Aral is more than a simple CMS, but a desktop and mobile collaborative tool which allow users to cooperate in real-time thanks to the integration of the XMPP protocol and latest web technologies and frameworks such as HTML5, CSS3, Ext JS and Sencha Touch.
At that time, back in July 2009, it was just released the brand new 3.0 version, so while working fulltime as web and software developer during the day, I’ve lost the count of the nights spent mastering the framework working on this personal side project.
I’ve started working on the backend PHP architecture, working on some REST API that would have allowed users to register and login to several different networks.
Later, I’ve implemented a suitable architecture to create different modules, assign them to users by priviledges, and allow third party developers to create their custom ones.
Some weeks later, it was finally time to create some real modules.
I decided to begin with the one that would have addded more value to the web desktop experience, and would have given users the abiility to customize their workspace, the Desktop Manager module.
At this point, the application needed some more functionalities that would have allowed users to upload and manage files and directories, so I’ve started working on the Disk Manager module and built on the top of it a Windows like user interface.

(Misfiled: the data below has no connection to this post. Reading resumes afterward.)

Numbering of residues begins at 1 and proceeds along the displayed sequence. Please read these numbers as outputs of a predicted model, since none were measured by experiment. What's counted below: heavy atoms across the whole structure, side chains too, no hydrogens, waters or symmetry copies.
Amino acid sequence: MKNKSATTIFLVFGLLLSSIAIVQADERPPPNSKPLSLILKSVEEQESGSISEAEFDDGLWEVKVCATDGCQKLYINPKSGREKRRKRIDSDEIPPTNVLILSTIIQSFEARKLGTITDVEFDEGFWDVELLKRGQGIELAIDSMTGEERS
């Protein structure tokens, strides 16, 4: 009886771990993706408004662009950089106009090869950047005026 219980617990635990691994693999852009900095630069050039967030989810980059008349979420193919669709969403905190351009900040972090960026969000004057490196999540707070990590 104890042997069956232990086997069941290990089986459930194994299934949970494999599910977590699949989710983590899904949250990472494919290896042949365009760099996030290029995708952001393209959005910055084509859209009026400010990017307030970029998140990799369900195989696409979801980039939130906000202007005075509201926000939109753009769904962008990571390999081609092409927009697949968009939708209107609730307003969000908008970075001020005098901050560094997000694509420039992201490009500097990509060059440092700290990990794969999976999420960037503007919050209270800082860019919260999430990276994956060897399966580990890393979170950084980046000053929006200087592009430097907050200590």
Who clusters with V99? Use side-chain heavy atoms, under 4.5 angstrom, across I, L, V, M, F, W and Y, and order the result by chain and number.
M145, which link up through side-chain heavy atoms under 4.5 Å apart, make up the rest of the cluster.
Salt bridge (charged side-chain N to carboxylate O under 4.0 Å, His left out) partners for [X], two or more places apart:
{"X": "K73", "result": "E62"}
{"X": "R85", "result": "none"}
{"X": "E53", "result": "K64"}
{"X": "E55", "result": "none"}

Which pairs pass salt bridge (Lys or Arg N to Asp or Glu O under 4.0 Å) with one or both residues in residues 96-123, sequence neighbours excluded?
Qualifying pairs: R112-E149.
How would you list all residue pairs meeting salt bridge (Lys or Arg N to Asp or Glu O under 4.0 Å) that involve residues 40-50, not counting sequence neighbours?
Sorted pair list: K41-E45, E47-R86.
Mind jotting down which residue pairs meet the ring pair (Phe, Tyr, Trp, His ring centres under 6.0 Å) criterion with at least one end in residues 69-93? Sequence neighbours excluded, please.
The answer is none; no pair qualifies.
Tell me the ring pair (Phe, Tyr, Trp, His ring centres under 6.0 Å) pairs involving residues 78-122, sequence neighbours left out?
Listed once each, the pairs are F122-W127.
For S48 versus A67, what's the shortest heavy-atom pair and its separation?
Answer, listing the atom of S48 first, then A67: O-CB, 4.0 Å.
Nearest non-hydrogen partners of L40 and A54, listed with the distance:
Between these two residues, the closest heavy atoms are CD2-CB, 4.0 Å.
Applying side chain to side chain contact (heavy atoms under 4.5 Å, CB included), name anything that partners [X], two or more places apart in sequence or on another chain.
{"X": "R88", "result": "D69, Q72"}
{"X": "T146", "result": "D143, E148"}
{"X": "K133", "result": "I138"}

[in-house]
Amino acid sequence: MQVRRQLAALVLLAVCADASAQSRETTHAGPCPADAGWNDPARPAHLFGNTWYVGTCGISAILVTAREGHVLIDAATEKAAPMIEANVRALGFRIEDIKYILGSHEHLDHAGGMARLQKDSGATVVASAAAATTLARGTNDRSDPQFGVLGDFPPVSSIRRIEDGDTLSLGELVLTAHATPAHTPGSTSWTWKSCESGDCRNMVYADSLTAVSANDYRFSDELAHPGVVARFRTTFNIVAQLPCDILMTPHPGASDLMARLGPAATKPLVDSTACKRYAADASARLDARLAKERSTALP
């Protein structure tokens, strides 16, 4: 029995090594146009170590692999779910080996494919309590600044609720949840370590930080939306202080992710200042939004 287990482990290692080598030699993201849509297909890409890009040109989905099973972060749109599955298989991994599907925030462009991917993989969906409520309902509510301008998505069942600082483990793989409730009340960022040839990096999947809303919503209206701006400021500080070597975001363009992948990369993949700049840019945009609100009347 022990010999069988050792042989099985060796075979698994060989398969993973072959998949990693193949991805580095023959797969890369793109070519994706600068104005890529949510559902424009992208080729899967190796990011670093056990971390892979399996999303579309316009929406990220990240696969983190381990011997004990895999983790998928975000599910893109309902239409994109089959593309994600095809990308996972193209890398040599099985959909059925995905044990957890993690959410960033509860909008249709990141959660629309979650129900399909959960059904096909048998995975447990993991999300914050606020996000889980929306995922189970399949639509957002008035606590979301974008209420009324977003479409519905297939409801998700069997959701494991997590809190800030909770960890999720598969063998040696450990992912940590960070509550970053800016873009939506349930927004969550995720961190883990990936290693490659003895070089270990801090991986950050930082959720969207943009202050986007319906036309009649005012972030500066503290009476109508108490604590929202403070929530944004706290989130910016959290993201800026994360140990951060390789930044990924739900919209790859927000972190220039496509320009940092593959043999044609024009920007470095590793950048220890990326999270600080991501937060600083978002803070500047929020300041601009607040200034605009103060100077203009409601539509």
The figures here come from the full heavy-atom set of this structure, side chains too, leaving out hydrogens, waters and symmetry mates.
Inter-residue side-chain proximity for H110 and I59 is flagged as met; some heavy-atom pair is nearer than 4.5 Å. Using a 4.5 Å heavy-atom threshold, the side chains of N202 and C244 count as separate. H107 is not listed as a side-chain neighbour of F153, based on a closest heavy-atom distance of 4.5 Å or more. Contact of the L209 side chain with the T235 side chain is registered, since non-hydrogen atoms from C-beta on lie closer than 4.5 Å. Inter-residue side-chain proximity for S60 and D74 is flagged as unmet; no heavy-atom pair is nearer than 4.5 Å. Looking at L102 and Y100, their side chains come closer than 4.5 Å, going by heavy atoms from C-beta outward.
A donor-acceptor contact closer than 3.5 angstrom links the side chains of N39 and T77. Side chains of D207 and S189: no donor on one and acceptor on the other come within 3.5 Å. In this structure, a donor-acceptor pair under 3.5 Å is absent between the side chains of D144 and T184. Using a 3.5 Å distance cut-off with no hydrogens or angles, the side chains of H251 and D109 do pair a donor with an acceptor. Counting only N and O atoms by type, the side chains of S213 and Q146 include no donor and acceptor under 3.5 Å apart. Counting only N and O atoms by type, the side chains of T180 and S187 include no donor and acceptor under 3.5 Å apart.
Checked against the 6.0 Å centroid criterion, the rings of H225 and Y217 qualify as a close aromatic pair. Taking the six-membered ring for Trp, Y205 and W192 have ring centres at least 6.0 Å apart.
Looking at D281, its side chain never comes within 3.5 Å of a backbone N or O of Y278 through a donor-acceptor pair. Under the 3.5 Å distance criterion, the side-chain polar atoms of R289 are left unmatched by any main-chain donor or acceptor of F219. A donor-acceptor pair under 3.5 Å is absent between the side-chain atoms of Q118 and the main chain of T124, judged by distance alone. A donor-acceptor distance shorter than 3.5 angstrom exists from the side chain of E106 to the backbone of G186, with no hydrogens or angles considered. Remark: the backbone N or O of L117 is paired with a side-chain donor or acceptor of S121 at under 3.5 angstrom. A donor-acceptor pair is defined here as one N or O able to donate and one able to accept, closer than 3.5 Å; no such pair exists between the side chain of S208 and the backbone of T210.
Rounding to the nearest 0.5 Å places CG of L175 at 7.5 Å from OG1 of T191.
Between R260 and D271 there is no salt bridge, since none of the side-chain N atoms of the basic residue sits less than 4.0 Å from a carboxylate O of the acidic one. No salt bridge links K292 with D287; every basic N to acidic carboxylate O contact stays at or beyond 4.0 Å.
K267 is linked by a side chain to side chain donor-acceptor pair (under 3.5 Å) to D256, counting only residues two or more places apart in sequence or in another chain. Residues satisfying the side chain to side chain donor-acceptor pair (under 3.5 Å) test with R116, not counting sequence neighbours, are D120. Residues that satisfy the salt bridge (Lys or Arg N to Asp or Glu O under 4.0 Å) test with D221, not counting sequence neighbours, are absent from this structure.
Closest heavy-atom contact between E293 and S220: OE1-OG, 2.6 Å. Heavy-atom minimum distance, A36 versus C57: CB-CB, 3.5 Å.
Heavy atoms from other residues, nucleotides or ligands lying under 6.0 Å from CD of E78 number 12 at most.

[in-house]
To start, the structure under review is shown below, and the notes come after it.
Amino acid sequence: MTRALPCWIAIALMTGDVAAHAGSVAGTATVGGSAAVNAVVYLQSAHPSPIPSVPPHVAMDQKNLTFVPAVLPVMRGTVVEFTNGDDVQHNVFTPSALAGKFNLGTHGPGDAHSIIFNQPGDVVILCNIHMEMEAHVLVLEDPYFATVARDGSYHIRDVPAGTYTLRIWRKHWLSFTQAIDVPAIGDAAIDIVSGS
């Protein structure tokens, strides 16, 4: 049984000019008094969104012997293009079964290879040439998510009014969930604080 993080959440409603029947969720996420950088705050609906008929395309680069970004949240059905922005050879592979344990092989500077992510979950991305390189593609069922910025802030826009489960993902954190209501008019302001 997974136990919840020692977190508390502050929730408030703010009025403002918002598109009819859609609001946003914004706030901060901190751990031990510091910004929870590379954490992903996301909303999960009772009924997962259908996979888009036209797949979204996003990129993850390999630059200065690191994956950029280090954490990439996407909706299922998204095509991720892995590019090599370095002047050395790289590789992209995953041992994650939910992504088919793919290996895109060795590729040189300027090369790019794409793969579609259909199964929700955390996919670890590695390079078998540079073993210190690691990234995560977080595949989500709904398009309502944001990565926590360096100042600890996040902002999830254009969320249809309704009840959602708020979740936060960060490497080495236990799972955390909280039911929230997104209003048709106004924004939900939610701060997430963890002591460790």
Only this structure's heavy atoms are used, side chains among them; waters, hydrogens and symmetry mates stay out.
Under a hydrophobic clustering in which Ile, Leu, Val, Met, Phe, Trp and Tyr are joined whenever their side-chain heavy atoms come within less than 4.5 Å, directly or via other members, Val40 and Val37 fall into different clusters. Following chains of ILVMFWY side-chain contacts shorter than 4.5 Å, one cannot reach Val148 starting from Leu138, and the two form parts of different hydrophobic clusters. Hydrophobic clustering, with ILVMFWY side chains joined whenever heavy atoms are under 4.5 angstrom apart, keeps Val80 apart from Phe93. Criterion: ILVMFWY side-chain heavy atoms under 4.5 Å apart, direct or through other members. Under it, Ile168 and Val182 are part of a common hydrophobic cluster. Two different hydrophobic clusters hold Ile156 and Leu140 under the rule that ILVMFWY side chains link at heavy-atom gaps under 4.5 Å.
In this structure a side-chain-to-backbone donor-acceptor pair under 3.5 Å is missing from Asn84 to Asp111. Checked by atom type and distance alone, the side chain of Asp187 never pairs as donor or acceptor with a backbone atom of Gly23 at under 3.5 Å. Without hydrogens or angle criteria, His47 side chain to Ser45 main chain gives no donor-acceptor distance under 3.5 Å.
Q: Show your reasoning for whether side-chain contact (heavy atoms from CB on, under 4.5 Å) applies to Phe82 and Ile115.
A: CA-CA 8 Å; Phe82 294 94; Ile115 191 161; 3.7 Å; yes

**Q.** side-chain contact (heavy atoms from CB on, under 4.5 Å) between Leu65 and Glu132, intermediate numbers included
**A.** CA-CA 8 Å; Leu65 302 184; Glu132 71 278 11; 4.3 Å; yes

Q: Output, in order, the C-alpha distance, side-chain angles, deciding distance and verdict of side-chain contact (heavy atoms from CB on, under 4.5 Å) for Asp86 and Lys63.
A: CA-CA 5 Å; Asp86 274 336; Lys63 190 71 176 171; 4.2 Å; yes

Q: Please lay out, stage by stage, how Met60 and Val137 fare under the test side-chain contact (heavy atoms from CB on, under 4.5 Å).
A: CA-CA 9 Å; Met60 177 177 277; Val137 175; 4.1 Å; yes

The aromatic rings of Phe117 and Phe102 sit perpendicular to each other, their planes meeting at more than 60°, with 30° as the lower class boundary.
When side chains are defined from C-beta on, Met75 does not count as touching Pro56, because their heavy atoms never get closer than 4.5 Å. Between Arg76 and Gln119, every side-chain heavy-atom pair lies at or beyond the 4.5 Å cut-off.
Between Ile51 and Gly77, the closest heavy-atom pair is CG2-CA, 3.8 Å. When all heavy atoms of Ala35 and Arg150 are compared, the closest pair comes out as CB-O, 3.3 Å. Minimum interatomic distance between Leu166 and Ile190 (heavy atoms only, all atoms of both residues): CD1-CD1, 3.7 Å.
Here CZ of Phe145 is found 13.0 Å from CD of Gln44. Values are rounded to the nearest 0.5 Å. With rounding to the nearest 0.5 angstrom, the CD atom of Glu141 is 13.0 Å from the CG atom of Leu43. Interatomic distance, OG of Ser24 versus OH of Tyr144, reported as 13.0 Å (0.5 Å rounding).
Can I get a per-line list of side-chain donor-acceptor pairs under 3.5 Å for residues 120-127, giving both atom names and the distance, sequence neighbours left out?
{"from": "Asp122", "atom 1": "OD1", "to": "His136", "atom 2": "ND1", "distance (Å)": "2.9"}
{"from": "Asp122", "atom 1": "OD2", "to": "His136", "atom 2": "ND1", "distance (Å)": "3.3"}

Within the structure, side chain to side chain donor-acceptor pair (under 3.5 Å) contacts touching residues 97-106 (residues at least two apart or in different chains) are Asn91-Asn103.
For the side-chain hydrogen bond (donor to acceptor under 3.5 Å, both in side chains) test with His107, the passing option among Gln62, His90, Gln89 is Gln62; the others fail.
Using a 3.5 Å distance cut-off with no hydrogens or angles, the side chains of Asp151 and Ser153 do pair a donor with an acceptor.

One year later, Sencha released the first beta version of Sencha Touch (v.0.90) specifically built for the Mobile Web, so the application needed some changes in the architecture to run at best on mobile devices, sharing some core classes between the two frameworks.
After some extra work on the backend with PHP, the Disk Manager module was ready for an upgrade, but not before wrapping up the app in a native iOS enviroment and coding some extra classes inObjective C.
After such hard work, the result was remarkable.
Some months ago, I started implementing the core backend and frontend functionalities, several Ext JS and Sencha Touch custom components (including a set of classes to fully support XMPP protocol), several CSS 3 animations and the application was ready for some real-time users communication within the app.
Some months later, after spending more time developing new functionalities and implementing new REST API, I was mastering both Ext JS and Sencha Touch to a professional level, so I’ve decided to make it a full time job joining the Sencha team as Solution Engineer in November 2011 and travelling around the world to provide professional expertise and best practices advices on both the products, without having much more time to dedicate to the Aral project that was then put in the shadow and not longer updated.